I was lucky enough to be given a personalised tour of the Voice and Vote exhibition at the Houses of Parliament by merchandising manager Linsey Davies in September. I finally managed a visit the exhibition with my good friend ceramicist Timea Sido.
The exhibition is very well thought out and takes you through the history of the women's suffrage movement. Of course part of the reason for going to the exhibition was to see the Women's Suffrage jewellery collection
I had created for the exhibiton. Although the lovely Deneke from Hidden Art
had been kind enough to send me some photographs of my jewellery it was great to see it in situ. The shop is an integral part of the exhibition with all of the items for sale laid out beautifully.
It was also great to get another look at the New Dawn light sculpture made by Mary Branson where the original inspiration for the women's suffrage jewellery collection came from.
Walking through the exhibition and appreciating all of the sacrifices the women of the suffrage movement endured is a humbling experience. Let us not forget Emily Wilding Davison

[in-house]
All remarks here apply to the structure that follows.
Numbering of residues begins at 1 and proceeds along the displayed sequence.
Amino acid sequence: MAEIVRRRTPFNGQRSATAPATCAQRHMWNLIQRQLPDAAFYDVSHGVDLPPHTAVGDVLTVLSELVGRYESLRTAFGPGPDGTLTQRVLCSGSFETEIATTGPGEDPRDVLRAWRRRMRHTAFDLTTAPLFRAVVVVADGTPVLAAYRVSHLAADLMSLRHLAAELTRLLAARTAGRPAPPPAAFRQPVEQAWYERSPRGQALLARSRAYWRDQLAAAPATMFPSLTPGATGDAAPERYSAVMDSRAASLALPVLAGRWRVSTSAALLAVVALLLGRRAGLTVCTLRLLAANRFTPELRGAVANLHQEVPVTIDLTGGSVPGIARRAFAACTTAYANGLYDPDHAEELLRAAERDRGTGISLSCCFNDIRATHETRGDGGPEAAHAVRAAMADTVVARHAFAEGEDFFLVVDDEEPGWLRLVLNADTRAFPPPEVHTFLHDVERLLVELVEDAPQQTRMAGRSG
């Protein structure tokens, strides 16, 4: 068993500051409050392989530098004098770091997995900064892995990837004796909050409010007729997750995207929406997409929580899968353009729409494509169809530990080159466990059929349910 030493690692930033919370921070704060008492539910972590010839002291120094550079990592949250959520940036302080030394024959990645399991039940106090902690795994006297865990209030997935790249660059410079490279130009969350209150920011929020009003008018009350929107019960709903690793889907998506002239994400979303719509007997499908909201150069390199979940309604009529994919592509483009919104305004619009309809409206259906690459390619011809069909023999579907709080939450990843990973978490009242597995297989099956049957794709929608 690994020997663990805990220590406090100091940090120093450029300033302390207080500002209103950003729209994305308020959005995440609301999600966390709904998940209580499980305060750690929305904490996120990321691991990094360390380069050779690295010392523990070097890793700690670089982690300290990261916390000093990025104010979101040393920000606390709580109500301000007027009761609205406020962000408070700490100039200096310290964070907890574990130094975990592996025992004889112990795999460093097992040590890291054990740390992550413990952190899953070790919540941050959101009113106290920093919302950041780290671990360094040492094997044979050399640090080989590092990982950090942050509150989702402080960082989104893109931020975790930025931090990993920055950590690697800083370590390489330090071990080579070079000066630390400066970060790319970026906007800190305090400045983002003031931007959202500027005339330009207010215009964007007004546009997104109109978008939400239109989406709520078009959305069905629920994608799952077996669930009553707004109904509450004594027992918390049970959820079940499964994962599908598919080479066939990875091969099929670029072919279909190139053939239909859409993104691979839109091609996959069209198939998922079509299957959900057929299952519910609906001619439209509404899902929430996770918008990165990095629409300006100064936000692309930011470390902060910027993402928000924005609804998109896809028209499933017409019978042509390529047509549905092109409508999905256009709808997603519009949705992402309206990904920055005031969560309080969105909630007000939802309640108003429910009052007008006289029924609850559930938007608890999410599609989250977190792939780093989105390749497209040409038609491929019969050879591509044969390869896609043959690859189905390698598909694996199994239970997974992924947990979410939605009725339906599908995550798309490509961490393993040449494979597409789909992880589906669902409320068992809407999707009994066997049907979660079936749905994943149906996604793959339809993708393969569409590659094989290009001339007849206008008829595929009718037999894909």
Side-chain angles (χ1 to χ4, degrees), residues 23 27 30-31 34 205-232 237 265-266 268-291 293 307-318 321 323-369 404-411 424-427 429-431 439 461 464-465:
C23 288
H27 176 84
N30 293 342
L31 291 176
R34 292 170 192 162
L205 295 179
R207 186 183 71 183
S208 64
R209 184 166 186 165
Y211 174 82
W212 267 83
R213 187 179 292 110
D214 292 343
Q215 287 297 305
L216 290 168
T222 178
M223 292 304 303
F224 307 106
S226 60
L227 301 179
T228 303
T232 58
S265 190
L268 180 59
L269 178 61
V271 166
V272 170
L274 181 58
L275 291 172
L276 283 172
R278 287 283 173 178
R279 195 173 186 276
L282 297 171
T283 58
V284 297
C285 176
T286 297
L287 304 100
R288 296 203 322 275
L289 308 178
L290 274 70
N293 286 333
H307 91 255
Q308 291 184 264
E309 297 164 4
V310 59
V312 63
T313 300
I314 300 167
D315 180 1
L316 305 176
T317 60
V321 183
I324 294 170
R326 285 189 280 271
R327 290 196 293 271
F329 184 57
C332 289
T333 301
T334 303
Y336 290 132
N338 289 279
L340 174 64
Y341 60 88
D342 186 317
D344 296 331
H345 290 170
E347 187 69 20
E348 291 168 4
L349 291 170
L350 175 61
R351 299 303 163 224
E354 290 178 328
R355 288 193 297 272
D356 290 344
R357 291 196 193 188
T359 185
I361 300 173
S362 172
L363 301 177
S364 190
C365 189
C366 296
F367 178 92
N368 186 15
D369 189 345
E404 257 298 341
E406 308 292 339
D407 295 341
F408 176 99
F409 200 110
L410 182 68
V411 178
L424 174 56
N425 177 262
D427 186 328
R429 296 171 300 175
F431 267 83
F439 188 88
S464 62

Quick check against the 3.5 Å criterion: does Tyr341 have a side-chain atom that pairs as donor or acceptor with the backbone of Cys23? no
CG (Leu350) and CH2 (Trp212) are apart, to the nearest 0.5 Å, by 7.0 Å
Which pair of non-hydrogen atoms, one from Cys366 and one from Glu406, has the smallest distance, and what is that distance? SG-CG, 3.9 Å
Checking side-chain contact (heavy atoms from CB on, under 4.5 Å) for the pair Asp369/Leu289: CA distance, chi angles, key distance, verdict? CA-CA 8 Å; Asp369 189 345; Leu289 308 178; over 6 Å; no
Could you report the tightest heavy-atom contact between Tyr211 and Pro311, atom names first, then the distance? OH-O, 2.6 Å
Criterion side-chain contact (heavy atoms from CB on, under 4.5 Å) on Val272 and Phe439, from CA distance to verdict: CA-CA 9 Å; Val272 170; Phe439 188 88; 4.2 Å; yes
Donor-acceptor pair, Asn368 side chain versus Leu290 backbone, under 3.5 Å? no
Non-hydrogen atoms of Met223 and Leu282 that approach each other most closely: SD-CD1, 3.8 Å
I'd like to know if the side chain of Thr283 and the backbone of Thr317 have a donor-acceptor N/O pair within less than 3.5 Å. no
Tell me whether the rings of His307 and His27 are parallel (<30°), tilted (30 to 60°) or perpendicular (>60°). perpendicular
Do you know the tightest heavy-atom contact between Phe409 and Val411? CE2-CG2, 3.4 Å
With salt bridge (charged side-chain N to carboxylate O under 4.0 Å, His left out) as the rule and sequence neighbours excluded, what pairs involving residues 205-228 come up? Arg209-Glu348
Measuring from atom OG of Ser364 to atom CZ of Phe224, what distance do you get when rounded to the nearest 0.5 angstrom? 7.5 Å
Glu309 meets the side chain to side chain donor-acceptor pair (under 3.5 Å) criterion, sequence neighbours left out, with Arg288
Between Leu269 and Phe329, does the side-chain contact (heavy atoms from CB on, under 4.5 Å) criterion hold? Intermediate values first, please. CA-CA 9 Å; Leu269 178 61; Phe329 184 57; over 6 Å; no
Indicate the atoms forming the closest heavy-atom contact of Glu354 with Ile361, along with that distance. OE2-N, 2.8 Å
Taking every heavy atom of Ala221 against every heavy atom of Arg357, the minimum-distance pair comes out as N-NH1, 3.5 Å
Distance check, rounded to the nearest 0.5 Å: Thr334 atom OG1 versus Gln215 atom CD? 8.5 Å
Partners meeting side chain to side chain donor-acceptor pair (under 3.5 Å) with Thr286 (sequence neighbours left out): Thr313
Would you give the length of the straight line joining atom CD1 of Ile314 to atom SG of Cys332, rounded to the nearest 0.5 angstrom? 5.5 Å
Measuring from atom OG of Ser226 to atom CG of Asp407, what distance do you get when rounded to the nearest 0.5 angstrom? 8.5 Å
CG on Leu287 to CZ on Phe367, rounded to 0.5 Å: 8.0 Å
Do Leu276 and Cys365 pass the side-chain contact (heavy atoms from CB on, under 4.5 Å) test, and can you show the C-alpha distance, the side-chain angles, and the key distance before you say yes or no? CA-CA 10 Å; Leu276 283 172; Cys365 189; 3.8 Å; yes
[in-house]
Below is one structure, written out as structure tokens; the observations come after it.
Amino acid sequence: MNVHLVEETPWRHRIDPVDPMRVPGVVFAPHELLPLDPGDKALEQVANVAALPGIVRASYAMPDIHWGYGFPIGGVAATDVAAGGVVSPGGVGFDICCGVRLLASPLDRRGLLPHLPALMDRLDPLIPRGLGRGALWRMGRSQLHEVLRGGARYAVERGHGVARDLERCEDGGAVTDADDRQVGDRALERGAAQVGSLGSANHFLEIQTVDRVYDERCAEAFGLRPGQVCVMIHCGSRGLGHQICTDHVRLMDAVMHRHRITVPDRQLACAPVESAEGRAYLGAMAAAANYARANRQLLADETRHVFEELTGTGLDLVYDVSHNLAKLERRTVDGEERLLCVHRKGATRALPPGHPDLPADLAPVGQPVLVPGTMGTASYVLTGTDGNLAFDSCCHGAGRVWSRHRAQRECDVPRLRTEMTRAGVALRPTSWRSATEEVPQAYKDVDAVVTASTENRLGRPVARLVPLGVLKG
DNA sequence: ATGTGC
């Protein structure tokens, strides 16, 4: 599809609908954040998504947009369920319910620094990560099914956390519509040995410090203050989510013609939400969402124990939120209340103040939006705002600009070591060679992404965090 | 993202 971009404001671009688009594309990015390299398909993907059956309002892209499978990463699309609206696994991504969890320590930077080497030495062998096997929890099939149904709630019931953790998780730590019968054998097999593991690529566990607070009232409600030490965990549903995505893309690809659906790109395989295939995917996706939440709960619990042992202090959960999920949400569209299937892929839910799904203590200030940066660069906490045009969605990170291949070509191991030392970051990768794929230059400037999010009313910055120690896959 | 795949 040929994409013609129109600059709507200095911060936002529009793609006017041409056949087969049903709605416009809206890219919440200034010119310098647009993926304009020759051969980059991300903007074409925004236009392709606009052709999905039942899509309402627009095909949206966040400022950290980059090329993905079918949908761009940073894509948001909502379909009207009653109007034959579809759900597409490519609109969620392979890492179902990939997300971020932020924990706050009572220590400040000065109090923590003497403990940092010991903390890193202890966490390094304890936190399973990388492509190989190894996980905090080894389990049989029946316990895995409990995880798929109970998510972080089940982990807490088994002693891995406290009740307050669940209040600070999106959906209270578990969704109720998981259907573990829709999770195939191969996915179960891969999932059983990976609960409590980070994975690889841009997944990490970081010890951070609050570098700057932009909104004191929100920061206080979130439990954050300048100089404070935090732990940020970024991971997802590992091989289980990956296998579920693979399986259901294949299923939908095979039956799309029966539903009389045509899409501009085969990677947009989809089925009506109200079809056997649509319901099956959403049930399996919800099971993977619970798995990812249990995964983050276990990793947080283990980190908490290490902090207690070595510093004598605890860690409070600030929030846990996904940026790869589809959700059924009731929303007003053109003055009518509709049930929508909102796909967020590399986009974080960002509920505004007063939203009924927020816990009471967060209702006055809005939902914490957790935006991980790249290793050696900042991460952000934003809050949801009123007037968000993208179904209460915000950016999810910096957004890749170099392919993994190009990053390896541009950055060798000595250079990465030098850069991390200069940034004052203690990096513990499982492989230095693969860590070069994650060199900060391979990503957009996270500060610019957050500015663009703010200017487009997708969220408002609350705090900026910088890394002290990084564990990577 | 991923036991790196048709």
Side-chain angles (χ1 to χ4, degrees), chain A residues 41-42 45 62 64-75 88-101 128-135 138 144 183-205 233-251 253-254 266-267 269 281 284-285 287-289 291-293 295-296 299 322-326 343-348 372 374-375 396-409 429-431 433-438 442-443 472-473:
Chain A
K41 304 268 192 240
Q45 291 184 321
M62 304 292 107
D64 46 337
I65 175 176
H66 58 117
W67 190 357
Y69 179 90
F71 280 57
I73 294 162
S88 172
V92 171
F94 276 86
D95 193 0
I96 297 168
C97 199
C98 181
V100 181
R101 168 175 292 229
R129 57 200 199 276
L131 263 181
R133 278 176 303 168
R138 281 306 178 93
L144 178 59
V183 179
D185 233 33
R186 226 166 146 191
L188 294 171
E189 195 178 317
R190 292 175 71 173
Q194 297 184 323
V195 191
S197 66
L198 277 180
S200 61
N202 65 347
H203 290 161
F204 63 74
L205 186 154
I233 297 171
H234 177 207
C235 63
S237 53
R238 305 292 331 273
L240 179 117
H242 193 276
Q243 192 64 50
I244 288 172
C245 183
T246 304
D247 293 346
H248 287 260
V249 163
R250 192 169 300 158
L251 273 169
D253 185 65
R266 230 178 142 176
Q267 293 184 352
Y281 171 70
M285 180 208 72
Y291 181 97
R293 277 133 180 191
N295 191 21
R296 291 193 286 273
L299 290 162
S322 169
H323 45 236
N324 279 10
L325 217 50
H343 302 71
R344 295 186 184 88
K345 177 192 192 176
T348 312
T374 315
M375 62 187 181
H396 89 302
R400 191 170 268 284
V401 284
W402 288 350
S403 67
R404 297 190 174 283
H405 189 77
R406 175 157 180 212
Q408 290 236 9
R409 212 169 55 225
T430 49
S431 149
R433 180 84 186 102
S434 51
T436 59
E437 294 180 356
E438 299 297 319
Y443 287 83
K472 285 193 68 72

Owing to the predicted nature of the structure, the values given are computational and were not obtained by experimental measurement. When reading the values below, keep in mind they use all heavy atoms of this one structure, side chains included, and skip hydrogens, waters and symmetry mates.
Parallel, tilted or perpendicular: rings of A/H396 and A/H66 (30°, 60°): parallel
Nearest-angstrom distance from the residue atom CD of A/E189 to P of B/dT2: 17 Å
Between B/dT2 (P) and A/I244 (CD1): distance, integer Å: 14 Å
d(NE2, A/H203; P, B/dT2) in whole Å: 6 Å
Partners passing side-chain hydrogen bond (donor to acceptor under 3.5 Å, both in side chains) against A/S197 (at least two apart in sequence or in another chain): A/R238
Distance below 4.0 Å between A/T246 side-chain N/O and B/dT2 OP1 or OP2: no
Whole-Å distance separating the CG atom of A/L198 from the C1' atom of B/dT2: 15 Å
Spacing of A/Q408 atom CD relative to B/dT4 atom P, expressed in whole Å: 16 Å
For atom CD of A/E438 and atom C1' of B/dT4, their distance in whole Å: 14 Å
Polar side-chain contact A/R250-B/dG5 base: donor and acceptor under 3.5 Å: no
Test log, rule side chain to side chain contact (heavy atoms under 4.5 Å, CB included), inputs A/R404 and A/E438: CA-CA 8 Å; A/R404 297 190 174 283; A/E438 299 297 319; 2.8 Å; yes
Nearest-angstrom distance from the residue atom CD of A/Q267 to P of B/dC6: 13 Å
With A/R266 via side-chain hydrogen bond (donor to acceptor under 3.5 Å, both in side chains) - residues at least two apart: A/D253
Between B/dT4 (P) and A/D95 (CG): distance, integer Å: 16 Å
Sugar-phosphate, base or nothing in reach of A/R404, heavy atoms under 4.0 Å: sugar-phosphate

who hid herself in a broom cupboard in The Houses of Parliament during the 1911 census. The broom cupboard is recreated for the exhibition with the plaque
that Tony Benn
put up in her honour without permission.
Militant Emiline Pankhurst
whose 'Deeds not words' mantra was carried out by her and her fellow suffragettes also features in the exhibition for the huge part she played in securing the vote for women. The women's human sacrifies through hunger strikes and force feeding was rewarded by medals and certificates.
The curators of the exhibition have built a replica of the 'Ladies Gallery'
where women were allowed to watch the parlimentary debates. This was where the Women's Freedom League
chained themselves to the railings as a protest. One of the petitions that was taken to parliament was also on display.
I particularly liked this quote! "Every boy in Manchester should be taught to darn his own socks and cook his own chops"
Uplifting too was the wall of names of all of the womens who are now in Parliament. We have come a long way since the first 'mass' petition was taken to Parliament in 1866.
So you all know what to do ladies!
#Womenssuffrage #Vote100 #Viceandvote #Sallyleesjewellery #ukparliament